Linked by Thom Holwerda on Wed 26th Sep 2012 02:57 UTC
PDAs, Cellphones, Wireless "Right now, the mobile wars have just two major combatants: Apple's iOS and Google's Android. Nokia could yet make Windows Phone a serious third player, but there are also a few more minor actors with the potential to disrupt the market. Jolla is the most mysterious of those players, which also include Firefox OS and Open WebOS. Jolla (a Finnish word for a small sailing boat) arose from the ashes of Nokia and Intel's MeeGo project, canned in favour of Microsoft's mobile OS. The Linux-based OS has not been shown off yet, but Jolla has already scored a deal with China's top phone distributor, DPhone. The first Jolla device is due later this year, so to find out more I spoke with the company's chief executive, ex-Nokian Jussi Hurmola." Please let Jolla succeed. Pretty please with sugar on top. The industry needs this. Please.
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Phones and data gathering
by flypig on Wed 26th Sep 2012 10:59 UTC
flypig
Member since:
2005-07-13

The thing that shocks me is how utterly unusable Android is without a Google account. The OS practically locks you out until you log in.

I can understand why having all of your actions identifiably channelled through Google is good for Google, but I don't think this should be a requirement for a functional device. At the moment, it's just a Trojan Horse.

However, an important question for me would be whether Jolla is an improvement on this front. At the moment it's not clear, but I'd hope its Maemo heritage would make data collection less likely. Jussi Hurmola's comments about the Cloud in the article don't bode well though.

I'd be interested to know if the iPhone is any better.

Reply Score: 7

RE: Phones and data gathering
by Neolander on Wed 26th Sep 2012 13:59 in reply to "Phones and data gathering"
Neolander Member since:
2010-03-08

Depends on what you call "unusable". The only task for which I have found a Google account to be absolutely necessary on Android is installing stuff from Google Play, and on this front they are on par with Apple's App Store offering.

However, what is highly annoying on Android is that when you do link the phone to your Google account, if you do not want it to leak lots of personal information to Google servers, you have to hunt obscure privacy settings all around the system apps. There is no centralized option to state "hands off my personal data !".

I don't know if Apple are any better on this front, I think I have heard somewhere that they do not even provide a way to opt out of personal monitoring on iOS, as is possible but painful on Android, but I don't know if it is true or not.

Edited 2012-09-26 14:00 UTC

Reply Parent Score: 4

RE[2]: Phones and data gathering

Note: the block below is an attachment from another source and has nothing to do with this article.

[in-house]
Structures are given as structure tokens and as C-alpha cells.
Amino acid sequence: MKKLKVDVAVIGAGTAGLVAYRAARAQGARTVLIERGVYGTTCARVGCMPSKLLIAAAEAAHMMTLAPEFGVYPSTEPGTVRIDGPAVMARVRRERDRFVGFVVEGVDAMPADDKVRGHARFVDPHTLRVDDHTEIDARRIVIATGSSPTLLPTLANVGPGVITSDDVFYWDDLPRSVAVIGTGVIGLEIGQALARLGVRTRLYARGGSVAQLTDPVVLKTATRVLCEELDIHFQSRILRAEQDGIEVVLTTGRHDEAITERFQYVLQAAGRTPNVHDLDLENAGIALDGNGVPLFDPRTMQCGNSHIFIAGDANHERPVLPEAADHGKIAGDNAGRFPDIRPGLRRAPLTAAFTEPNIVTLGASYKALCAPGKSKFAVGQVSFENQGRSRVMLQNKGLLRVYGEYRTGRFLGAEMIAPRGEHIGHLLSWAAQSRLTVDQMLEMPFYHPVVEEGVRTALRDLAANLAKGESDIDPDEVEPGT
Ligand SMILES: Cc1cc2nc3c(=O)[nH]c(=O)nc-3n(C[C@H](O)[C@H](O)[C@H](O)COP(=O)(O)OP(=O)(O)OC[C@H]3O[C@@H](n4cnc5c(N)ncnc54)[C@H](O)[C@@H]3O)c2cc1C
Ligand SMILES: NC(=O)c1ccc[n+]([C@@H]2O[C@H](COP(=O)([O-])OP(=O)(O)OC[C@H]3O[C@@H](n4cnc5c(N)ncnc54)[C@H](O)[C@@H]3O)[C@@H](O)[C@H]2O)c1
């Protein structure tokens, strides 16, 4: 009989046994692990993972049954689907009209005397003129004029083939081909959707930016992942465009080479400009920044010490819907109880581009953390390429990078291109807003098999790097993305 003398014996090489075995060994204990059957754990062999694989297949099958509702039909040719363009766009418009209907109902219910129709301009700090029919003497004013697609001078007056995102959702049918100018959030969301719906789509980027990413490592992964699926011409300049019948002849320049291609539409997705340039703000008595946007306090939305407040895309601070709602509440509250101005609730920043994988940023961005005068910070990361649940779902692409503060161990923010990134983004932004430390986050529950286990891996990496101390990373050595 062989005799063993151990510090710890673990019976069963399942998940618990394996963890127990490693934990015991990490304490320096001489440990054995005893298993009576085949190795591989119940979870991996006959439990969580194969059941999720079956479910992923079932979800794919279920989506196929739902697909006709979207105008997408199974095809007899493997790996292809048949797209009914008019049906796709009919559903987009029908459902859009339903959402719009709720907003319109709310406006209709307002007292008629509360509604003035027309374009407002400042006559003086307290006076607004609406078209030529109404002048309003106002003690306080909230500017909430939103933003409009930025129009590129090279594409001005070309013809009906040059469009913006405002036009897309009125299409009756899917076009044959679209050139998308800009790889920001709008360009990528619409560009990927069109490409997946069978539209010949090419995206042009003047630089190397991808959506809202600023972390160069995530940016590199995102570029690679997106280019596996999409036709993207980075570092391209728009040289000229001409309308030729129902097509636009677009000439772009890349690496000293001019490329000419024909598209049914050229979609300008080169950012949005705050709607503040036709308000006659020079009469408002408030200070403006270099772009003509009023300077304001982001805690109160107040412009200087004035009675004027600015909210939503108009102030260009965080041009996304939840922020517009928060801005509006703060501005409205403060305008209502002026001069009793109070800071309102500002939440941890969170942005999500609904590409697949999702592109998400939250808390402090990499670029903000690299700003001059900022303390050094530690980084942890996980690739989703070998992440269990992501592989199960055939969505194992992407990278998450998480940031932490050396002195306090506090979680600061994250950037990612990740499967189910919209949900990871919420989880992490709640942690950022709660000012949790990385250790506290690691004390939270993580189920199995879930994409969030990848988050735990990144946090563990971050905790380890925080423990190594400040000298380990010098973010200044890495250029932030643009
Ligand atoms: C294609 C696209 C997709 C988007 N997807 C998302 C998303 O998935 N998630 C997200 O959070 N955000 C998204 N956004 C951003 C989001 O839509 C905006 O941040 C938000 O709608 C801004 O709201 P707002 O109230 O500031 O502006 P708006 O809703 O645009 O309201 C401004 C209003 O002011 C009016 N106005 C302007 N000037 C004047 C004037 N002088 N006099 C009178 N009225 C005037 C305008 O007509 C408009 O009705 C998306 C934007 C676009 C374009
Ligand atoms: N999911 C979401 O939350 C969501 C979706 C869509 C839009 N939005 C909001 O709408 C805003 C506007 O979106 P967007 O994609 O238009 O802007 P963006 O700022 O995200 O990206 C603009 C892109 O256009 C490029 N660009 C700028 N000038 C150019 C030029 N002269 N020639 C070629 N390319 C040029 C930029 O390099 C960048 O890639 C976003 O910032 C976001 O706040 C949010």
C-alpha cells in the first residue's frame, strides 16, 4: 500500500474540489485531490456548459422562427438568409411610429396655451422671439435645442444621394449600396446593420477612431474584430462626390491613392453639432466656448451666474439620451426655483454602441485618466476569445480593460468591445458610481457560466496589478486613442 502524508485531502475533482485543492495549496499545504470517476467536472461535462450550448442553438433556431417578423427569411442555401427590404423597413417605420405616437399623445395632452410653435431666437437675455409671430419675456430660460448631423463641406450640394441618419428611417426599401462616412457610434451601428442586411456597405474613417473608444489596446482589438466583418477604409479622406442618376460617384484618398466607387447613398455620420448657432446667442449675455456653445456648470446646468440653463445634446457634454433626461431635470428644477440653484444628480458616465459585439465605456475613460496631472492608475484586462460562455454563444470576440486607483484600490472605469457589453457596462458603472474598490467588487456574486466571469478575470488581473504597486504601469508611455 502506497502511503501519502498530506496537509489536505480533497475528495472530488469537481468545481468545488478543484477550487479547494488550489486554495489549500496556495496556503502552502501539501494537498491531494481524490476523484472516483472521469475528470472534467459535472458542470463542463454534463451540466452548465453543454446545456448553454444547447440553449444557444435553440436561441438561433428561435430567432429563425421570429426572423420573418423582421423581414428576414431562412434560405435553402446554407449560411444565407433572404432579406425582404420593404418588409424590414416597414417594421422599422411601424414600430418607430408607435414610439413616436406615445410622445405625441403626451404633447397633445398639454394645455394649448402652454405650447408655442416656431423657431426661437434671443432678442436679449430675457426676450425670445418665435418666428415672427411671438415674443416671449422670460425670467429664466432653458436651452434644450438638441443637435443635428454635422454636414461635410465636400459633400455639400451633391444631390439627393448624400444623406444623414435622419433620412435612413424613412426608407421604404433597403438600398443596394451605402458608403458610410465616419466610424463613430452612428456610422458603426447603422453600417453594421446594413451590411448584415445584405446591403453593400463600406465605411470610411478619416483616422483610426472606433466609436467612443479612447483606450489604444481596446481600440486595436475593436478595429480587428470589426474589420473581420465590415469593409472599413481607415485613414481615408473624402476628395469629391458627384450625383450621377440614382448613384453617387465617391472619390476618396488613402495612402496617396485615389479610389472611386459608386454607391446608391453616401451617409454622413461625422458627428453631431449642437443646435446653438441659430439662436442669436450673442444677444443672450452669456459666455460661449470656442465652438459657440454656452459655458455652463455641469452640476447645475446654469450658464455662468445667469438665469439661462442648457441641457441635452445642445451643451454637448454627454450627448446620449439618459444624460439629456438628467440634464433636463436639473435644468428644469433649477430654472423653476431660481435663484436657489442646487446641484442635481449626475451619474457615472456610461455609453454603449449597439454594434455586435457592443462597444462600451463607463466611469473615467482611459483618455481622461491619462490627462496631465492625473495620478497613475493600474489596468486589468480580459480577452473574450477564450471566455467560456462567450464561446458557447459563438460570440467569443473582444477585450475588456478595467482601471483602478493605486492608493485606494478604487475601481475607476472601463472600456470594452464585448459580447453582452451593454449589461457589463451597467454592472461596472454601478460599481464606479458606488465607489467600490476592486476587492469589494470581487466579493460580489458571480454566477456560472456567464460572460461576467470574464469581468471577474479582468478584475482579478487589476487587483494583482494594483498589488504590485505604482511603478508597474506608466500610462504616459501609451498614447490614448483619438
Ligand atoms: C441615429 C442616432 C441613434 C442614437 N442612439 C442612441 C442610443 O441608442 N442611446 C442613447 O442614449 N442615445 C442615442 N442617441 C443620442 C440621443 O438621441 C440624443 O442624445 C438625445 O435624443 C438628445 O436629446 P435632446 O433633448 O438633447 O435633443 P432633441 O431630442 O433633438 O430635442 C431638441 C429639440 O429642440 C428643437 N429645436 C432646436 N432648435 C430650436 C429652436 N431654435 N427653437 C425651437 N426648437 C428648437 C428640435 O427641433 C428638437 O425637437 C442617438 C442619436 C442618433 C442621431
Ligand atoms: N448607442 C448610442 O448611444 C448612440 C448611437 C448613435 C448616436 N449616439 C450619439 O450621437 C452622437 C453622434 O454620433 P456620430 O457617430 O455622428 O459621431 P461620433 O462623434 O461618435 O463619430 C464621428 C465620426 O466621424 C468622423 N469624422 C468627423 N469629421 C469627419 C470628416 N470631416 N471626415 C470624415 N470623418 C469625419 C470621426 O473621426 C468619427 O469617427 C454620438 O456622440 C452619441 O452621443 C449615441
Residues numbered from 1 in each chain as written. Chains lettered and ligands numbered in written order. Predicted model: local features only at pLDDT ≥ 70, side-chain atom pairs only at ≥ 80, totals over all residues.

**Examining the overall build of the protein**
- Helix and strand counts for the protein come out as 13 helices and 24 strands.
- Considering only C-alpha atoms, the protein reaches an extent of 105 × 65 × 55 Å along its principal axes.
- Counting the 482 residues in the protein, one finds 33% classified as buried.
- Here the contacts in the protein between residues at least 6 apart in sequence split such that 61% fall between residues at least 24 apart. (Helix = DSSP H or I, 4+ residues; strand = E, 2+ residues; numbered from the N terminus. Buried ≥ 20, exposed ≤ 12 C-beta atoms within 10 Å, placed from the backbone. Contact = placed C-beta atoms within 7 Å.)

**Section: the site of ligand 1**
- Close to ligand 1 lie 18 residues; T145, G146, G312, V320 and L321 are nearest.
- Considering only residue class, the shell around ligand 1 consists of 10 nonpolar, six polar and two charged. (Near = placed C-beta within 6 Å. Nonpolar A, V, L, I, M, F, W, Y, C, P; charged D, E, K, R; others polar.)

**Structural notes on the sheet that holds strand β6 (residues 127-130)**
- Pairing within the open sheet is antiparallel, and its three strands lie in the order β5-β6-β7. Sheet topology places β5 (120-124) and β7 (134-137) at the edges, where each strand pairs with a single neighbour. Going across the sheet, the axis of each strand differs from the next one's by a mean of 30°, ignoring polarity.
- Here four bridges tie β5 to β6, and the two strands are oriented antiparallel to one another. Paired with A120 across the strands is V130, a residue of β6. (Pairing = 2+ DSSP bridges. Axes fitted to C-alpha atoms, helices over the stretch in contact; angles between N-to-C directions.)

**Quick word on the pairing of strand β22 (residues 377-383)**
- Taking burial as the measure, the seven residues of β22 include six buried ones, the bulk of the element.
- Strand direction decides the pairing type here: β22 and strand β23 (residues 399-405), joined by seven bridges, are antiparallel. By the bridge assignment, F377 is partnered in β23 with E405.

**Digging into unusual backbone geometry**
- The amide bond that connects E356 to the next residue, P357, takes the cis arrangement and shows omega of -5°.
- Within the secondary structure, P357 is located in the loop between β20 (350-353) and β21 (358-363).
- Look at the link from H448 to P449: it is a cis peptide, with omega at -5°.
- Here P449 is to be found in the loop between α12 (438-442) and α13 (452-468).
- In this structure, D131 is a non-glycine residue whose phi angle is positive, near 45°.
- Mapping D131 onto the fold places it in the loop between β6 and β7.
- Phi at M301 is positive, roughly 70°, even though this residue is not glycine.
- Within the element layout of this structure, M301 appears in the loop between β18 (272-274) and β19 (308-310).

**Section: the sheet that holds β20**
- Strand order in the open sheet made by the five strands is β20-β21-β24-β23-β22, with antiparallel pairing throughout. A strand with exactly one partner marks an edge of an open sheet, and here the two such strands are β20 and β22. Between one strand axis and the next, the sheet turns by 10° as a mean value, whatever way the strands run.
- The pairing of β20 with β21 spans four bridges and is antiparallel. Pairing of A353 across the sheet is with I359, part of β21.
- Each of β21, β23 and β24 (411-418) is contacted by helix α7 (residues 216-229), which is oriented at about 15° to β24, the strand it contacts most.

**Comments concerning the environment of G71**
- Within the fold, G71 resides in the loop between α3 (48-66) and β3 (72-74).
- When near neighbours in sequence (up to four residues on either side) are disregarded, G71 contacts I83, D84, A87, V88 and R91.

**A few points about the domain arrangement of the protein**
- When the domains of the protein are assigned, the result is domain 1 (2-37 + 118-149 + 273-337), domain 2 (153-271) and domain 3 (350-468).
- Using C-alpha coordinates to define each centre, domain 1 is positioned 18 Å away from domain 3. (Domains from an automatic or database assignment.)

by Alfman on Wed 26th Sep 2012 16:18 in reply to "RE: Phones and data gathering"
Alfman Member since:
2011-01-28

Personally what I find exceptionally annoying is the lack of control over application privacy settings. At least the installation shows us what those settings are, but it's all or nothing. A user should be able to install an application without loosing control over privacy.

This is such an obvious shortcoming that we have to conclude google deliberately designed it to remove a user's choice in the matter. This is decidedly evil IMHO.

Reply Parent Score: 3

moondevil Member since:
2005-07-08

I don't know if Apple are any better on this front, I think I have heard somewhere that they do not even provide a way to opt out of personal monitoring on iOS, as is possible but painful on Android, but I don't know if it is true or not.


They are worse, because until version 6, iOS allowed access to your personal data to all applications.

Reply Parent Score: 4

RE: Phones and data gathering
by ichi on Wed 26th Sep 2012 15:57 in reply to "Phones and data gathering"
ichi Member since:
2007-03-06

The thing that shocks me is how utterly unusable Android is without a Google account.


Hardly shocking, I'd say, when the exact single thing that tells Android from AOSP is that it's integrated with all the Google services, and yet most OEMs are licensing Android rather than going with AOSP.

I wouldn't call it "utterly unusable", though, but you do miss a lot.

Reply Parent Score: 2

RE[2]: Phones and data gathering
by flypig on Sat 29th Sep 2012 12:18 in reply to "RE: Phones and data gathering"
flypig Member since:
2005-07-13

I know this is an old story now, but I thought it was worth coming back to explain what I meant by 'utterly unusable'.

Hardly shocking, I'd say, when the exact single thing that tells Android from AOSP is that it's integrated with all the Google services, and yet most OEMs are licensing Android rather than going with AOSP.

I agree, it's obvious from Google's point of view, but not from mine. There's no reason most of the Google installed apps (maps, calendar, free apps on Google Play, etc.) need a Google account.

I wouldn't call it "utterly unusable", though, but you do miss a lot.

The new tablet I received recently wouldn't allow access to any of the Google services, including maps and calendar. This might sound obvious, but there's no reason why this should have been the case. I couldn't install any new software, even free software. Some of the third party applications that came with the device, such as Glowball ( http://www.tegrazone.com/games/glowball ) required a Google account. Why does a graphics tech demo require a Google account?!

Polaris Office and the web browser worked and are useful (without the ability to install Flash, of course). So, I agree 'utterly unusable' is hyperbole, but frankly there was no point me keeping the device unless I was going to sign in to Google (or install a different OS). No ordinary person would keep such a device without logging in.

Apologies for returning to such an old thread.

Reply Parent Score: 2